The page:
We have not space to notice the several objections urged against the proposed change. Doubtless it would be attended, as all important changes are, with some inconvenience. It would involve the necessity of reärranging the college course. We admit that there would be apparent loss in some directions, at least during the period of transition from the old to the new course. But there are two points which, to our mind, decide the question. We know that our high schools and academies would give more than an equivalent for the present preparation in Greek, and we believe that the colleges would turn out better Greek scholars in four full years than under the present arrangement The testimouy of several eminent Greek professors is conclusive on this latter point. At least, we do not see how the results of Greek instruction can become less satisfactory than at present.

We are glad to learn that so large a number of our college men favor the change, and we are not disposed to find fault with the conclusion of the January meeting. The subject needs further discussion before action is taken.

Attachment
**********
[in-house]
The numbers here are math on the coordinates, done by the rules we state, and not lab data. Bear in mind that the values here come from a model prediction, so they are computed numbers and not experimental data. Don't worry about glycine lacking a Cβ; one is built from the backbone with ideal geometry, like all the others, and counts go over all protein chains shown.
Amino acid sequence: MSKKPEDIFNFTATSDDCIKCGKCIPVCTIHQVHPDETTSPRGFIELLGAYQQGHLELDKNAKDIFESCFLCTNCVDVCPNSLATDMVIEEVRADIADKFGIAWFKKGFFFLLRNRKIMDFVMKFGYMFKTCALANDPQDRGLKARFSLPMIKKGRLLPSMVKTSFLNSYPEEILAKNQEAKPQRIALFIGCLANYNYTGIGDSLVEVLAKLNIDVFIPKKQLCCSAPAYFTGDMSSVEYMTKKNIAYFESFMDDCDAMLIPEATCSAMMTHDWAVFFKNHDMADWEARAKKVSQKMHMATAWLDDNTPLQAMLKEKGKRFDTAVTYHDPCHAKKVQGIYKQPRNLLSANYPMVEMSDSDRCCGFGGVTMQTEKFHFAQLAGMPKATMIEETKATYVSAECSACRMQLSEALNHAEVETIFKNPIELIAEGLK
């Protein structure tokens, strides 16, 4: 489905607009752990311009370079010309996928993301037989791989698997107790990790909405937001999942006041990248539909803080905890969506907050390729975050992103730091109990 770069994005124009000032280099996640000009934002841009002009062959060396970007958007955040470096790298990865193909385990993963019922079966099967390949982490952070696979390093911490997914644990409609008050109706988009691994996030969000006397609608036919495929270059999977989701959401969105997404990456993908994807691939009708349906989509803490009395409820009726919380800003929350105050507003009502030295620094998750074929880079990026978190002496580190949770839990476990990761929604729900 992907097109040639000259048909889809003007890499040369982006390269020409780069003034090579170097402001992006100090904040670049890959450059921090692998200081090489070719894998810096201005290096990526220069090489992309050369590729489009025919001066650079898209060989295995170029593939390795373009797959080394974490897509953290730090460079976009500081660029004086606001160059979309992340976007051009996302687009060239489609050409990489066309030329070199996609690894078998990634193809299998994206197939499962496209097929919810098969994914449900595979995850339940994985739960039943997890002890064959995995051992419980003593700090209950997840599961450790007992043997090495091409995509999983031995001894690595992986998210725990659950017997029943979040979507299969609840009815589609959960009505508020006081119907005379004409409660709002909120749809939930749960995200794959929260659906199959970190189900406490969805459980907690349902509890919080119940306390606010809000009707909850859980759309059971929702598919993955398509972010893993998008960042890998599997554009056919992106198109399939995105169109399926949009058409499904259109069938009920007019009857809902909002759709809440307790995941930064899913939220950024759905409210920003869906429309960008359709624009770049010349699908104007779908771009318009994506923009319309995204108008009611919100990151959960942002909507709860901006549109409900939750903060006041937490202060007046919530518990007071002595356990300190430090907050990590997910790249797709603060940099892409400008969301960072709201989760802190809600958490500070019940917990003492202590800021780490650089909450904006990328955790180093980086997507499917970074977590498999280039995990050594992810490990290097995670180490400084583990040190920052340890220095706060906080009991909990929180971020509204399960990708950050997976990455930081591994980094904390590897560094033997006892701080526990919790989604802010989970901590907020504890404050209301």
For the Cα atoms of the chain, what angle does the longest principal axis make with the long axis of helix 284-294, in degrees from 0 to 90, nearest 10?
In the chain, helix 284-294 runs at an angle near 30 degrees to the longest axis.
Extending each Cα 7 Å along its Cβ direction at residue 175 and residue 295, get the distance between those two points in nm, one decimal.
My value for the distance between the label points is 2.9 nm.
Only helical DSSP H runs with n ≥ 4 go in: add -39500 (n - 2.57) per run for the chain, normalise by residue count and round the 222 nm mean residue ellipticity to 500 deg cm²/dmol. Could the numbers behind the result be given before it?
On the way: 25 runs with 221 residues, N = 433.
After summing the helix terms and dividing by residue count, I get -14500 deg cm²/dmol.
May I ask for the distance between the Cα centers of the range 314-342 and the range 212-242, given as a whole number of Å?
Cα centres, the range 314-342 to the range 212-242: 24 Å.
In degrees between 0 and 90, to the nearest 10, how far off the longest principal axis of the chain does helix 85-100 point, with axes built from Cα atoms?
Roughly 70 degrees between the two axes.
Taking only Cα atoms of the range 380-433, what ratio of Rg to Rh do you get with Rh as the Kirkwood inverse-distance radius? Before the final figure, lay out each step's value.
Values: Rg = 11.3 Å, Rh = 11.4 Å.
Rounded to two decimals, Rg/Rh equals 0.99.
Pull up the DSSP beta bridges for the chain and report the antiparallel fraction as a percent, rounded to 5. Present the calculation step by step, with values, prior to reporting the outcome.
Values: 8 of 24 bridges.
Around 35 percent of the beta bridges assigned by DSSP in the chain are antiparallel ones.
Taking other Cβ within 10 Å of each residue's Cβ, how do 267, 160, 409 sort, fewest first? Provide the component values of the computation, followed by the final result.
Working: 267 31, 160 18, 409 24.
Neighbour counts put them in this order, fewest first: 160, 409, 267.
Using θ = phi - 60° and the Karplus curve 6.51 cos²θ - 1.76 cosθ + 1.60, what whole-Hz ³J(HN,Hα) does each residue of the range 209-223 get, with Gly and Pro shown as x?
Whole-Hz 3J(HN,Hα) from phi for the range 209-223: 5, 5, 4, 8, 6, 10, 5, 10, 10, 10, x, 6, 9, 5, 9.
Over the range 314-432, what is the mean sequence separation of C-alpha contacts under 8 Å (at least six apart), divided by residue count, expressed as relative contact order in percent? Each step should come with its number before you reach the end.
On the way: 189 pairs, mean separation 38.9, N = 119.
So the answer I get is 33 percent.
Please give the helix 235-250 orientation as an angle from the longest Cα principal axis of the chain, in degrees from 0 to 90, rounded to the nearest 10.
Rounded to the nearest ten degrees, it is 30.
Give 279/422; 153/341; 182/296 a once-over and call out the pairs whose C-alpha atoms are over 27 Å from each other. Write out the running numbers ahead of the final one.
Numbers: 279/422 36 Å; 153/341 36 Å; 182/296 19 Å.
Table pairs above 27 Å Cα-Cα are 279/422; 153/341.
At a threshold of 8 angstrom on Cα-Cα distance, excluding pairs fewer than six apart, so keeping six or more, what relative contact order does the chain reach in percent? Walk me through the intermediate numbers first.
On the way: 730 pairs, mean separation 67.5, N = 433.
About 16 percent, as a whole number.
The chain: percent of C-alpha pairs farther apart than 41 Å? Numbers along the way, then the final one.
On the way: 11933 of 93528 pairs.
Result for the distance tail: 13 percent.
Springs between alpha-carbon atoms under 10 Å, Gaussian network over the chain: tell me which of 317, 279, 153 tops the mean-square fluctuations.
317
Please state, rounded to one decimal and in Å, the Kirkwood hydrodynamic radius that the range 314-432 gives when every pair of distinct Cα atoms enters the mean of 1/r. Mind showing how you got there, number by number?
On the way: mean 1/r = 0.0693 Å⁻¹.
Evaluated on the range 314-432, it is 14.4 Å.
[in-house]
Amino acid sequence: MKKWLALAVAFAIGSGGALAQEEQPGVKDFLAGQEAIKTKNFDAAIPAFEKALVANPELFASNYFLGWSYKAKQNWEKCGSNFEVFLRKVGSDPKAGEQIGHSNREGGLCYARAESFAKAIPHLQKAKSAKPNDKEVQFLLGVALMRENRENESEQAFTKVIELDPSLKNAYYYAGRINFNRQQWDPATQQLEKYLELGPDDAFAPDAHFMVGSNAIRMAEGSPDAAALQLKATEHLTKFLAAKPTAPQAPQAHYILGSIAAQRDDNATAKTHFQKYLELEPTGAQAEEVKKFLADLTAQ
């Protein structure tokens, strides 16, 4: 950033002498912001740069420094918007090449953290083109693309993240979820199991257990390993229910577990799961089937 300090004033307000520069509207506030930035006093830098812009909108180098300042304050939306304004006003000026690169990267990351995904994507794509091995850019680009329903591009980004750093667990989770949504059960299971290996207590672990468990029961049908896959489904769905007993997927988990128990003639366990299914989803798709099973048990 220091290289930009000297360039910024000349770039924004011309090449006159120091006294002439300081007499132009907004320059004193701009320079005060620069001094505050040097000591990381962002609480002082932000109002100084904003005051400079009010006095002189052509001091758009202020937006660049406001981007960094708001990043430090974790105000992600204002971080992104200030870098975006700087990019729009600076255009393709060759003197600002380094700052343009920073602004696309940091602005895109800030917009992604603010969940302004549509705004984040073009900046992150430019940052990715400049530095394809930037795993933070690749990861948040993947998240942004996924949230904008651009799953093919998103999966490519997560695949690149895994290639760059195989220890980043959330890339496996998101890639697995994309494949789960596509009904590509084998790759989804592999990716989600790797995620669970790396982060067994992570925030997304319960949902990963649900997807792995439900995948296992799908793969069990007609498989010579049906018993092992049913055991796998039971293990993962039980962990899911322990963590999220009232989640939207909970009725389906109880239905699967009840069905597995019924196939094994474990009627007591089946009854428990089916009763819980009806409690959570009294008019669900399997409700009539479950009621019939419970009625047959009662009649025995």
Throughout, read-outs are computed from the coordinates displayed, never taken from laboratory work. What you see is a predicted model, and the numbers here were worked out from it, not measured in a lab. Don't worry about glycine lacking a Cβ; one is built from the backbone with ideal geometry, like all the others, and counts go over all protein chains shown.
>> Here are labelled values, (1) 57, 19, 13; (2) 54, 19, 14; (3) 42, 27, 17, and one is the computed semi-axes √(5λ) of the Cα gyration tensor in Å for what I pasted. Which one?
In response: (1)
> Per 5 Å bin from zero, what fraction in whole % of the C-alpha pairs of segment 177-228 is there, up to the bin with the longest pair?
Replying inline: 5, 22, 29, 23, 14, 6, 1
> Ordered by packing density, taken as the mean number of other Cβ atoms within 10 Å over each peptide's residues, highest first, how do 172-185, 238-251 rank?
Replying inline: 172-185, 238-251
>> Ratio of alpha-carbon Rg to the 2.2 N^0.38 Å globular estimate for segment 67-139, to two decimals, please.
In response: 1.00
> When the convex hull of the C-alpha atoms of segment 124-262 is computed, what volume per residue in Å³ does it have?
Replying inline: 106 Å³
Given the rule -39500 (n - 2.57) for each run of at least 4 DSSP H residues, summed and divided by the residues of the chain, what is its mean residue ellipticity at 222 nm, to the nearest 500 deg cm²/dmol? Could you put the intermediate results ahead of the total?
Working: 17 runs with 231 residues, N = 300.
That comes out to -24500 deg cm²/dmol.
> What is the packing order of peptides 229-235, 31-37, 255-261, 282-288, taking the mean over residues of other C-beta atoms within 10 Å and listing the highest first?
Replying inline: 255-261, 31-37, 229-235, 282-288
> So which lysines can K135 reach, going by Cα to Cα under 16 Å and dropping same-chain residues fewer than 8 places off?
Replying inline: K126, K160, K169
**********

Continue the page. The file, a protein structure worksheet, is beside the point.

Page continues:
In accordance with an arrangement made at the last meeting of the Ohio Teachers' Association, a meeting of City School Superintendents was held at the School Commissioner's Office, in this city, on the 23d day of January. The attendance was very slim-Messrs. Mitchell, of Columbus, Harding, of Cincinnati, and Reinmund, of Lancaster, being the only superintendents present. Messrs. Tappan, Hancock, and Crosby, representing the committee appointed by the State Association, and several other friends of education, were present and took part in the exercises. The principal item of business was the consideration of the bill creating the office of County School Superintendent, pre pared jointly by the School Commissioner, and Messrs. Henkle and Mitchell of the committee of the State Association. After a free discussion of several provisions of the bill, it was unanimously approved and recommended to the General Assembly; and we are glad to learn that the friends of the measure feel confident of its success. An efficient superintendent in each county of the State, would add very much to the efficiency of our country schools. When we have seen the bill, we shall take pleasure in presenting an abstract of its provisions.